Coronavirus: Concern for Irish tourism as bookings ‘dry to a trickle’
Hotels try to compensate for slowdown in overseas custom with domestic discounts
Tens of thousands of jobs in tourism are at risk across the country as the number of people from overseas booking holidays in Ireland has dried up to a “trickle” due to the spread of the coronavirus, according to hoteliers and industry representatives.
In a bid to limit losses, some hotels are trying to fill empty rooms and restaurants by offering discounted rates to domestic tourists.
Sean O’Driscoll, chief executive of The iNua Collection, one of the largest regional hotel groups in Ireland, said a lot of multinational companies had cancelled bookings over the past 10 days due to travel bans imposed on their employees.
The company has Radisson Blu hotels in Cork, Sligo and Athlone and Muckross Park Hotel in Killarney among the brands under its umbrella.
Mr O’Driscoll said the Radisson hotels in both Cork and Athlone had seen widespread cancellations “because people simply aren’t travelling into Ireland and I have been speaking to colleagues in Dublin and certainly the cancellation of major events will have a pronounced effect but it’s a fast-moving situation.”
However, he said, there had been little impact in other areas of the market so far. “In March and April, 90 per cent of our market is domestic and we haven’t seen a wave of cancellations or a major decline in bookings. In fact, people who were due to go overseas over the Easter holidays are now looking to book short breaks in Ireland instead.”
There have been so many cancellations and deferments, but of more concern now is that we are in our key booking period
He suggested the only “potential upside” of travel restrictions was that people would see “really good deals in the days and weeks ahead. I think people will find it very hard to be contained in their homes and if they can travel through Ireland, then I think they will want to do that.”
March is a very important month for bookings from both the US and Europe and operators across the industry are reporting a freeze in advance business.
Mr O’Driscoll said if the global crisis crisis can be effectively managed in the weeks and months ahead, then international airlines “will have little choice but to put out fantastic offers when the coronavirus gets under control. We will also need to see a very effective campaign to get people in markets close to this country to travel here. However, this is a complete unknown in terms of what we are dealing with.”
Eoghan O’Mara Walsh of the Irish Tourism Confederation said “foremost this is a public health issue” but tourism was “on the front line, and when something like this comes out of left field, the whole sector is incredibly worried. There have been so many cancellations and deferments, but of more concern now is that we are in our key booking period.
“This is when the bookings come in for the summer months from North America and from Europe, and they have dried up to a trickle.”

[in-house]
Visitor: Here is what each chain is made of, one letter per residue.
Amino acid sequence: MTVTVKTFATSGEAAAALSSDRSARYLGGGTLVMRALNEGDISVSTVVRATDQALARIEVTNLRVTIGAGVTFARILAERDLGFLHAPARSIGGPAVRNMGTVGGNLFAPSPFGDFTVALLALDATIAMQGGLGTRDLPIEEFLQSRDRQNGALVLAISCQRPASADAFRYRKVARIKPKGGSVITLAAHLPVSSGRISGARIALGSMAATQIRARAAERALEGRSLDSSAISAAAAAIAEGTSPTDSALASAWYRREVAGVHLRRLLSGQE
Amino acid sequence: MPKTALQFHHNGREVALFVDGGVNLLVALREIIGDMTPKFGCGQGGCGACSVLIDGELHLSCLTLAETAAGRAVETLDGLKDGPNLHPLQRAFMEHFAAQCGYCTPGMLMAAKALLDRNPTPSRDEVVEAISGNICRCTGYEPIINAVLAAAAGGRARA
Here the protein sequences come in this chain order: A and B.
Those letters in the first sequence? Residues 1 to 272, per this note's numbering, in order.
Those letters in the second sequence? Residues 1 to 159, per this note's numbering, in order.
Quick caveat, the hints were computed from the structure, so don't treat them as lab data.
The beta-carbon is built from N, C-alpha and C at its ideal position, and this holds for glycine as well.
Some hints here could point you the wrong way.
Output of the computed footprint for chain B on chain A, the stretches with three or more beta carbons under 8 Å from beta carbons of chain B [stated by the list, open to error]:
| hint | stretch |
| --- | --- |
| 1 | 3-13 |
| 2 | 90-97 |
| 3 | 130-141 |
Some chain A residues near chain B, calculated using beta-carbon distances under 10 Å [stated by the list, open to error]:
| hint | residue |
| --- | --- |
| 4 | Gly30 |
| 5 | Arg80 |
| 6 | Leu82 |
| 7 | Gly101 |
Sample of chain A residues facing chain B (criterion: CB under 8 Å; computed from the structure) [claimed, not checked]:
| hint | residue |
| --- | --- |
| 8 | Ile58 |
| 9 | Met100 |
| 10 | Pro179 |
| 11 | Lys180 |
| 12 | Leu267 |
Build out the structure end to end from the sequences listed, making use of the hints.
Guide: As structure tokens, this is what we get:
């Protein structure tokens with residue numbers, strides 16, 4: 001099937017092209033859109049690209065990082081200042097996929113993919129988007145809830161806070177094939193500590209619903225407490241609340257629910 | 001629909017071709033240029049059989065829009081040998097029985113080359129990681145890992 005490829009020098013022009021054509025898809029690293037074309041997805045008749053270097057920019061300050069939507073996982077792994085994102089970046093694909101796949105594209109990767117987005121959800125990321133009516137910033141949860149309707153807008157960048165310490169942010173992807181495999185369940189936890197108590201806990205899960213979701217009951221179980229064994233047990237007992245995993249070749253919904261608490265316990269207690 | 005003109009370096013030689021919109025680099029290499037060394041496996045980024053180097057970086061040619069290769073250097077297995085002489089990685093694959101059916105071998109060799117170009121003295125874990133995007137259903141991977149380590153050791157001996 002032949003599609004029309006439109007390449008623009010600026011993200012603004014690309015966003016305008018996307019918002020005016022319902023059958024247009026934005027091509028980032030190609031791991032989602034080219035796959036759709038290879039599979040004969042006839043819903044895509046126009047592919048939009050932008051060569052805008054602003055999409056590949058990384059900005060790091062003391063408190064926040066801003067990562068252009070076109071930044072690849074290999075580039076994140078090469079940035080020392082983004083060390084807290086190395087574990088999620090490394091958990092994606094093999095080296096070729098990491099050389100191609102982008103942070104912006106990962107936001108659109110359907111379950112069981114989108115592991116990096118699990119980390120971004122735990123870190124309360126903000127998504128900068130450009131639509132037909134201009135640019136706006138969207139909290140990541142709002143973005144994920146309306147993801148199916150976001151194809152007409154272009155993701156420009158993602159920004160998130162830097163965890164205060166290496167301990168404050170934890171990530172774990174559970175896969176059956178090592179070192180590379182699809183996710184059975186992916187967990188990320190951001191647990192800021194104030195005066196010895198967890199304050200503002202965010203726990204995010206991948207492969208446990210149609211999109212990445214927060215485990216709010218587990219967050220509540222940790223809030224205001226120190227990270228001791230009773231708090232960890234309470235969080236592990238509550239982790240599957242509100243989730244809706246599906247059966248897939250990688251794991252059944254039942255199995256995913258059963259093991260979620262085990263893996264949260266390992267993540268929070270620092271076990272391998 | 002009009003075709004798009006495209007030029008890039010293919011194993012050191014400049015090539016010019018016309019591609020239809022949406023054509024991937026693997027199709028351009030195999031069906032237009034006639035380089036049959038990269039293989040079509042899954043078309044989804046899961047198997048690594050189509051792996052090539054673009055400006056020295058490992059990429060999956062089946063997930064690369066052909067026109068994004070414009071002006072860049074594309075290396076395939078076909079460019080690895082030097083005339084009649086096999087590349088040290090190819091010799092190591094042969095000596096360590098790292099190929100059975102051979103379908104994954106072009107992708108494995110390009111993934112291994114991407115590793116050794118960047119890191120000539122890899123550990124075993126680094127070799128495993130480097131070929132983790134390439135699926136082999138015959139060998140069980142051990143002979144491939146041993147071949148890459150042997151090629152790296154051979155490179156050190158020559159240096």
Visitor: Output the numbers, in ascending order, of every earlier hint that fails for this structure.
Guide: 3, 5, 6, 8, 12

He said it was “nearly impossible” to estimate the precise impact the coronavirus would have on jobs across the sector but if business fell just 10 per cent it “could equate to around 20,000 tourism jobs and that would be a serious danger to regional Ireland where tourism is often the only game in town”.
Brian Hughes of the Abbeyglen Castle hotel in Clifden, Co Galway, was even more downbeat. “I need the North American market and then European market, but we have seen cancellations galore. I can’t see any light at the end of the tunnel,” he said.
“More more than 90 per cent of our business during summer comes from outside the country and right now I am gearing up to close to zero bookings. I employ 70 people here on the edge of the Atlantic and we need this business.”
The story of cancellations and bookings failing to materialise is the same across the sector.
We had had 9/11 and we had foot and mouth and Sars and the ash cloud. They all hammered the tourism business here, but tourism as a sector can bounce back very quickly
“Our corporate business has definitely been impacted, especially inbound guests from the financial, pharma and tech sectors,” said Peter McCann, general manager of the five-star Merrion Hotel in Dublin. “This week we have seen cancellations covering immediate and short-term bookings.”
He said that as a result there was extra capacity available to the Irish market, and “in March and April we have a great food and beverage offer of €325 for dinner, bed and breakfast per couple, as well as a bottle of Champagne, which we believe is fantastic value”.
While the mood is generally gloomy across operators, Mr O’Driscoll said tourism had proven to be resilient.
“We had had 9/11 and we had foot and mouth and Sars and the ash cloud. They all hammered the tourism business here, but tourism as a sector can bounce back very quickly. But it needs support from government. One simple thing that could be done would be a VAT deferral to allow businesses pay off VAT for the first three months at the end of the summer.”